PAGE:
Because of continuous short staffing, and based on Mrs. Faithauer’s own testimony she was forced to defecate in her bed and lie in her own waste for 3-15 hours repeatedly throughout her residency, and on some occasions even ate her meals while lying in her own drying waste;
Despite being admitted for the express purpose of rehabilitation and physical therapy, Mrs. Faithauer was never taken out of her room to physical therapy, and was never gotten out of her bed during her 170-day residency at Allenbrook —all due to chronic short-staffing at the facility;
The Plaintiff also alleged that Mrs. Faithauer developed another large pressure ulcer on her right thigh, which required both chemical and mechanical debridement. The Plaintiff argued that this wound developed because of an improperly placed foley catheter line, and was went untreated as evidenced by gaps in the treatment records.
To further complicate matters, the administrator of Allenbrook at the time of Mrs. Faithauer’s residency was under investigation by the local police department for allegations of theft and payroll fraud. The Plaintiff used portions of the administrator’s video deposition referencing his refusal to answer questions about the destruction of the Plaintiff’s medical records, fabrication of staffing and payroll records, and the embezzlement scheme.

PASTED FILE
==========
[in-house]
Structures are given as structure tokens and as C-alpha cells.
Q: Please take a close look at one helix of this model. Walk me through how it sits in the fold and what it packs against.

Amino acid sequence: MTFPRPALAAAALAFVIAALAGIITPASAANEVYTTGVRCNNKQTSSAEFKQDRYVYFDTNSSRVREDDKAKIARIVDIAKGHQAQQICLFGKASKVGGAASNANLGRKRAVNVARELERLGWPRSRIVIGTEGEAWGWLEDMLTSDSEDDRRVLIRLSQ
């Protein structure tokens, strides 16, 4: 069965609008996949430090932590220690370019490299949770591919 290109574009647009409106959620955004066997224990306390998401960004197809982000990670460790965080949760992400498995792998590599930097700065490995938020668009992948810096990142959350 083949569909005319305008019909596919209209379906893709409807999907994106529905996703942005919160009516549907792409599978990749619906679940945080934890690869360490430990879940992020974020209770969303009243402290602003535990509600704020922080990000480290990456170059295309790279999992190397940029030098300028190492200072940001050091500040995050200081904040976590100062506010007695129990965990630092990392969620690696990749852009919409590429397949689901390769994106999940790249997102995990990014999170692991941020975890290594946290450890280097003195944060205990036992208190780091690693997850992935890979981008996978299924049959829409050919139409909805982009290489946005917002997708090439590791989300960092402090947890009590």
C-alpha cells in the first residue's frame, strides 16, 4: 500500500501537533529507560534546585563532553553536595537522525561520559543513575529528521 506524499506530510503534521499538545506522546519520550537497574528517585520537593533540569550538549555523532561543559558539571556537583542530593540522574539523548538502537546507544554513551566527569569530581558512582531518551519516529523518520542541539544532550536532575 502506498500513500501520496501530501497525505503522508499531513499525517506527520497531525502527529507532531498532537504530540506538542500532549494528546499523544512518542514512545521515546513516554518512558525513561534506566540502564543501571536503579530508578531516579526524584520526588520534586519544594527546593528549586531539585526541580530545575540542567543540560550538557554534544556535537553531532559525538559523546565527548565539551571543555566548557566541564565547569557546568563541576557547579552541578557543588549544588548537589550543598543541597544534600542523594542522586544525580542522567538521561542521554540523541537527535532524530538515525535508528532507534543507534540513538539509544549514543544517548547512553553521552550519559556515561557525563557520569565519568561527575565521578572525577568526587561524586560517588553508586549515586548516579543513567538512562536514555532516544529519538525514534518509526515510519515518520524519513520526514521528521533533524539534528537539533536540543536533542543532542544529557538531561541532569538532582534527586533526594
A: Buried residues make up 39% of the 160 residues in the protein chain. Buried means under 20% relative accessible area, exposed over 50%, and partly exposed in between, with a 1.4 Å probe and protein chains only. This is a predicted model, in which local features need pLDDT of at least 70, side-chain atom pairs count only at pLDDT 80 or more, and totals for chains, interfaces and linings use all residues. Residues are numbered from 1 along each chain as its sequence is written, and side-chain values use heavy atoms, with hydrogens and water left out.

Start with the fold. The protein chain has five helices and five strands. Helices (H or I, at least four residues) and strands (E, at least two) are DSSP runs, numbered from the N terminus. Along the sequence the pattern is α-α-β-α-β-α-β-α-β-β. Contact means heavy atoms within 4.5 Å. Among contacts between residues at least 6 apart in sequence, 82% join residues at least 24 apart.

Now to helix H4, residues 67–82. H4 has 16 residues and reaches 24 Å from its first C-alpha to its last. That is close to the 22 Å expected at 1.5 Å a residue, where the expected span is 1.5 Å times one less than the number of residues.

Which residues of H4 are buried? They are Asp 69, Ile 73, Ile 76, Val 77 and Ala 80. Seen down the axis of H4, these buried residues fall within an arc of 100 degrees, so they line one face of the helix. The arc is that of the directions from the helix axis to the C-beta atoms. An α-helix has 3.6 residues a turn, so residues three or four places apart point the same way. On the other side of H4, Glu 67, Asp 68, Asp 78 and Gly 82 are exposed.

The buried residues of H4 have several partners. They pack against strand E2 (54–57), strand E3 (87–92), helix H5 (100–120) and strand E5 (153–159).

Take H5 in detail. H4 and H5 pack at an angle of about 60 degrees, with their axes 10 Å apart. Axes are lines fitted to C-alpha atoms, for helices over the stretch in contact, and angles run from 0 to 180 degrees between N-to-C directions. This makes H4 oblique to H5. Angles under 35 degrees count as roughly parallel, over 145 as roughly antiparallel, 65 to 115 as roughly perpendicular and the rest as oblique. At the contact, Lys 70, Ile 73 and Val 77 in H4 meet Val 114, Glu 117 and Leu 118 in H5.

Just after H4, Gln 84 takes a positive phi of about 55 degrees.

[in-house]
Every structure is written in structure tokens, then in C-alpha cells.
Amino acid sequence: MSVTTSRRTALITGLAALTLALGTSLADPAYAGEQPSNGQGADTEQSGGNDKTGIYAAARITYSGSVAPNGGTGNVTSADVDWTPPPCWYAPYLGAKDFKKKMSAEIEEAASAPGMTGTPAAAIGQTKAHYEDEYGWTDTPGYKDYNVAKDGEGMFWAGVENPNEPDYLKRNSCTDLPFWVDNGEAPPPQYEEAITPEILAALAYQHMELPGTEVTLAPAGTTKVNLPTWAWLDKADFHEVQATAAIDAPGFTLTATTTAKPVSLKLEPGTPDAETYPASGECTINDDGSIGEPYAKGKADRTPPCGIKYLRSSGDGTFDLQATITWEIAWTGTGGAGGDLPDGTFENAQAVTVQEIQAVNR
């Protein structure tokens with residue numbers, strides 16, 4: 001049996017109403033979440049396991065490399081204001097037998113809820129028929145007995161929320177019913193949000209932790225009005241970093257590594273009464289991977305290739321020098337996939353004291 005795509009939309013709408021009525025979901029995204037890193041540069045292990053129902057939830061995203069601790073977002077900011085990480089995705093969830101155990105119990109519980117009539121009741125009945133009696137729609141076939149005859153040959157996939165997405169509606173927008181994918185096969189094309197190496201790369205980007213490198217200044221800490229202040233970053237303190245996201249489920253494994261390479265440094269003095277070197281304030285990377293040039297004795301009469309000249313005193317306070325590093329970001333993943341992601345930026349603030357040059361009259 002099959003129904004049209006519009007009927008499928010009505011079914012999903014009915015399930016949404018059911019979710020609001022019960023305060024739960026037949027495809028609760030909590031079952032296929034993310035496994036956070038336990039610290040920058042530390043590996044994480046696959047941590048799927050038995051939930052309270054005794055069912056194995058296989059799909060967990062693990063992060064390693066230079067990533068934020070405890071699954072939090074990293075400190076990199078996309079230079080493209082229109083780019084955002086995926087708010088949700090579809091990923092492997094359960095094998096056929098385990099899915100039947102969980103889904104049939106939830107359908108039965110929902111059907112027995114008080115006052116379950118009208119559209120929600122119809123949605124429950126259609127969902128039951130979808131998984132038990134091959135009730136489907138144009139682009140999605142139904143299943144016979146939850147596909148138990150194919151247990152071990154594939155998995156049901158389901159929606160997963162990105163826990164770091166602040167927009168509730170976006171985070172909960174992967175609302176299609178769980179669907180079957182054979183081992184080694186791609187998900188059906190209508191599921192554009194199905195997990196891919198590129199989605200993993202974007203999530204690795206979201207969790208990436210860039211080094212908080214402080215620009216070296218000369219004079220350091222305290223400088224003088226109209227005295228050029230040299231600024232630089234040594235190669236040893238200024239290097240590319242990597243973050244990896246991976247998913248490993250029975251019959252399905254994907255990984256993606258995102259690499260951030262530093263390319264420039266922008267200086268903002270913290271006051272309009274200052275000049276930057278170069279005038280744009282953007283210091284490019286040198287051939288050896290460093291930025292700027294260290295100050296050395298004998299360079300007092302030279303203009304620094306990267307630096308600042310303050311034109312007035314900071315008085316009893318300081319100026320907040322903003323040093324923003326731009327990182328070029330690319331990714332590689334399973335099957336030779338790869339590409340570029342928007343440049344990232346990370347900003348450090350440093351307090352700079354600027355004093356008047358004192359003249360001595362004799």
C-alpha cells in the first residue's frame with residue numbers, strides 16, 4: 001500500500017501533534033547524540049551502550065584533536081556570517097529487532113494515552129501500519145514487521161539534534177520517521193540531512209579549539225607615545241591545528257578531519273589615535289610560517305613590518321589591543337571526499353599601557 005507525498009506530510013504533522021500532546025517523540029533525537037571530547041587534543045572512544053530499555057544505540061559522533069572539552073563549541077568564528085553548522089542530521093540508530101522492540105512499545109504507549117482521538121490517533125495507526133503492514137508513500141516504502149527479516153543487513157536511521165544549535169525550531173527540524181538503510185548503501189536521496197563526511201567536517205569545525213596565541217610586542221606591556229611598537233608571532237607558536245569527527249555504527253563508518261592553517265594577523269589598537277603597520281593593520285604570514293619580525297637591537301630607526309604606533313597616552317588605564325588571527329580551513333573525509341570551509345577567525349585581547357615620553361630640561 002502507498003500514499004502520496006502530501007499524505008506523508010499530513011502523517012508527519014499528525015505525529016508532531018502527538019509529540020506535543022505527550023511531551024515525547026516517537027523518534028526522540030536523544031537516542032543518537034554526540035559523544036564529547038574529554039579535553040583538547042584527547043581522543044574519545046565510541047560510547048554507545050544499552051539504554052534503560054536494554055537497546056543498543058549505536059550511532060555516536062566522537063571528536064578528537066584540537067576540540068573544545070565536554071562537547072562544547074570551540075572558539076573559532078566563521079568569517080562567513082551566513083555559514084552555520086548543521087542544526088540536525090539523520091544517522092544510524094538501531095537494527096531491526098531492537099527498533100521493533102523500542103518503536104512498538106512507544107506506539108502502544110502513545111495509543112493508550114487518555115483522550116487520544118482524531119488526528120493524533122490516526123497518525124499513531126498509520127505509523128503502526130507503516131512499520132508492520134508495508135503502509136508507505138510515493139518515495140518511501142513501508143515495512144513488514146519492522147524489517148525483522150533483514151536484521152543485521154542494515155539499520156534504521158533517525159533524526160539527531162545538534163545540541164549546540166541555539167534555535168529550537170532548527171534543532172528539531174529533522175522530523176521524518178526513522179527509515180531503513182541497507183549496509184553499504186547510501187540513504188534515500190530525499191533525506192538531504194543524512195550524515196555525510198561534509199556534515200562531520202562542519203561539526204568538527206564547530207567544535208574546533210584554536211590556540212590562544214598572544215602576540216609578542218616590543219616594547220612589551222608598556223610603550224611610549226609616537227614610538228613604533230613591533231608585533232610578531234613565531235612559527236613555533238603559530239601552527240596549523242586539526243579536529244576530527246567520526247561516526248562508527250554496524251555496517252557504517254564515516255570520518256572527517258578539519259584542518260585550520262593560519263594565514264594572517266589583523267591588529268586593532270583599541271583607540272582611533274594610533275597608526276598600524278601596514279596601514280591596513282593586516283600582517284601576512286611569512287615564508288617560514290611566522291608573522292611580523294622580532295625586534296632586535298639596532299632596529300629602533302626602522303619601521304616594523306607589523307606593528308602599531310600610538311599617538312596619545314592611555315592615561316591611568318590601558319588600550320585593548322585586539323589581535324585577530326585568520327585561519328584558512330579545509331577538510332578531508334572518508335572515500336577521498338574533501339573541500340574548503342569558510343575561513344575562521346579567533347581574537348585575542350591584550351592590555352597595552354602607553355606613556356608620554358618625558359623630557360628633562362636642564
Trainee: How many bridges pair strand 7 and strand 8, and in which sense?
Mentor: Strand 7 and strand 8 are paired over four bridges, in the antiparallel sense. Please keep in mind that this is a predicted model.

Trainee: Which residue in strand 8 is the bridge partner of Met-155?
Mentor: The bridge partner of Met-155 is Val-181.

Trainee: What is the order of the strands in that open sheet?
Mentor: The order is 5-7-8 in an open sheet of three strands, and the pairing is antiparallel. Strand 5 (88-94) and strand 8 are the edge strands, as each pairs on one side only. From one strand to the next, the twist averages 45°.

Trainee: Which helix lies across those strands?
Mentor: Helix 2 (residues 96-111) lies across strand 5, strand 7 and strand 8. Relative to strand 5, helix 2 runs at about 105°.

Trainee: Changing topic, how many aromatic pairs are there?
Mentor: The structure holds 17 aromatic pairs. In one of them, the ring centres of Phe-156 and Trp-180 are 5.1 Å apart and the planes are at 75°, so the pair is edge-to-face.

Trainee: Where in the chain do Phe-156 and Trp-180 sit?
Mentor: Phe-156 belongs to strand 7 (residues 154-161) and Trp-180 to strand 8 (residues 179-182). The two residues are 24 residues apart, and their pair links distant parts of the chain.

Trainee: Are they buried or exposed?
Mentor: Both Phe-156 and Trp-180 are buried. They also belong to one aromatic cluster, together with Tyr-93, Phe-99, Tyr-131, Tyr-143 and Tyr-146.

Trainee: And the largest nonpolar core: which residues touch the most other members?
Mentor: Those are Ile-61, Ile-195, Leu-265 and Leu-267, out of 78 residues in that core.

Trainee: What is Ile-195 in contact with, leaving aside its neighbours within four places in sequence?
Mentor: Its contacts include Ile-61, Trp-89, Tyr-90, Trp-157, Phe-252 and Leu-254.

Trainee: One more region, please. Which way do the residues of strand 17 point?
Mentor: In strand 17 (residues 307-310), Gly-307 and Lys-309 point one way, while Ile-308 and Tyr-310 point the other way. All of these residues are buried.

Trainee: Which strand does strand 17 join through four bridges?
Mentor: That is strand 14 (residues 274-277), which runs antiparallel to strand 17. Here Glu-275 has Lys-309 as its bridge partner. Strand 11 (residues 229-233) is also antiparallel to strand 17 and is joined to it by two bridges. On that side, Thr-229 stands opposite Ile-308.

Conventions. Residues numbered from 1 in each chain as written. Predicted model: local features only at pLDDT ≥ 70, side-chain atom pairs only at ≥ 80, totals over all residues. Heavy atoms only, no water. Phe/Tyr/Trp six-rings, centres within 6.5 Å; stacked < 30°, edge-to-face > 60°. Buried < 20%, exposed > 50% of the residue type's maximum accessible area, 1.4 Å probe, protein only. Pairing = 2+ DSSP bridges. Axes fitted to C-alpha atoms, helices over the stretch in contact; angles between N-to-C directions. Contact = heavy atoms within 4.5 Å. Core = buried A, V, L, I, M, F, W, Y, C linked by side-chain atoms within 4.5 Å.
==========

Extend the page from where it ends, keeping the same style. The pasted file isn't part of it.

Also, testimony from a handwriting expert demonstrated that certain portions of Mrs. Faithauer’s medical chart were altered in that the treatment nurse’s pen never left the paper when she charted that she had provided treatments/assessments for several consecutive days.
In addition, Mrs. Faithauer’s medical record was missing a number of significant documents including a care plan, ADL flow sheets, weekly skin assessments, and treatment sheets. The Plaintiff contended that the facility either destroyed these documents or never prepared them in the first place, further supporting Plaintiff counsel’s position of a “facility in crisis.”
The defense relied on the improvements in Mrs. Faithauer’s condition while at Allenbrook to defend the care at the facility.
This was a case of documentation versus care. Although the documentation was poor, the physical improvement made by Mrs. Faithauer during her residency, including the healing of various skin lesions strongly suggested that appropriate care was provided at Allenbrook.
“If she did not receive proper care, how else would she have gotten better? When she came to Allenbrook, she weighed 306 pounds and had a stage II pressure ulcer. Allenbrook healed her sore in less than a month and put her on a diet plan which helped her lose over 60 pounds” suggested Molinelli.
This defense verdict, marks the sixth consecutive long-term care defense verdict achieved in three different states (Florida, Mississippi and Texas) by QPWB attorneys since September 2004.
1 The former defense counsel survived and continues to practice law today.
About QPWB: Quintairos, Prieto, Wood & Boyer, P.A. is a civil defense firm with a wide variety of litigation services for healthcare companies, healthcare facilities, physicians and other healthcare licensed professionals and their insurers. The firm’s Litigation Department also provides general liability defense for all businesses, insureds and insurance companies. Our practice groups and industry-based teams ensure clients have access to attorneys with the best expertise, regardless of location. QPWB maintains a tightly integrated network of seven fully staffed offices, six in Florida and one in Mississippi with attorneys licensed in several states.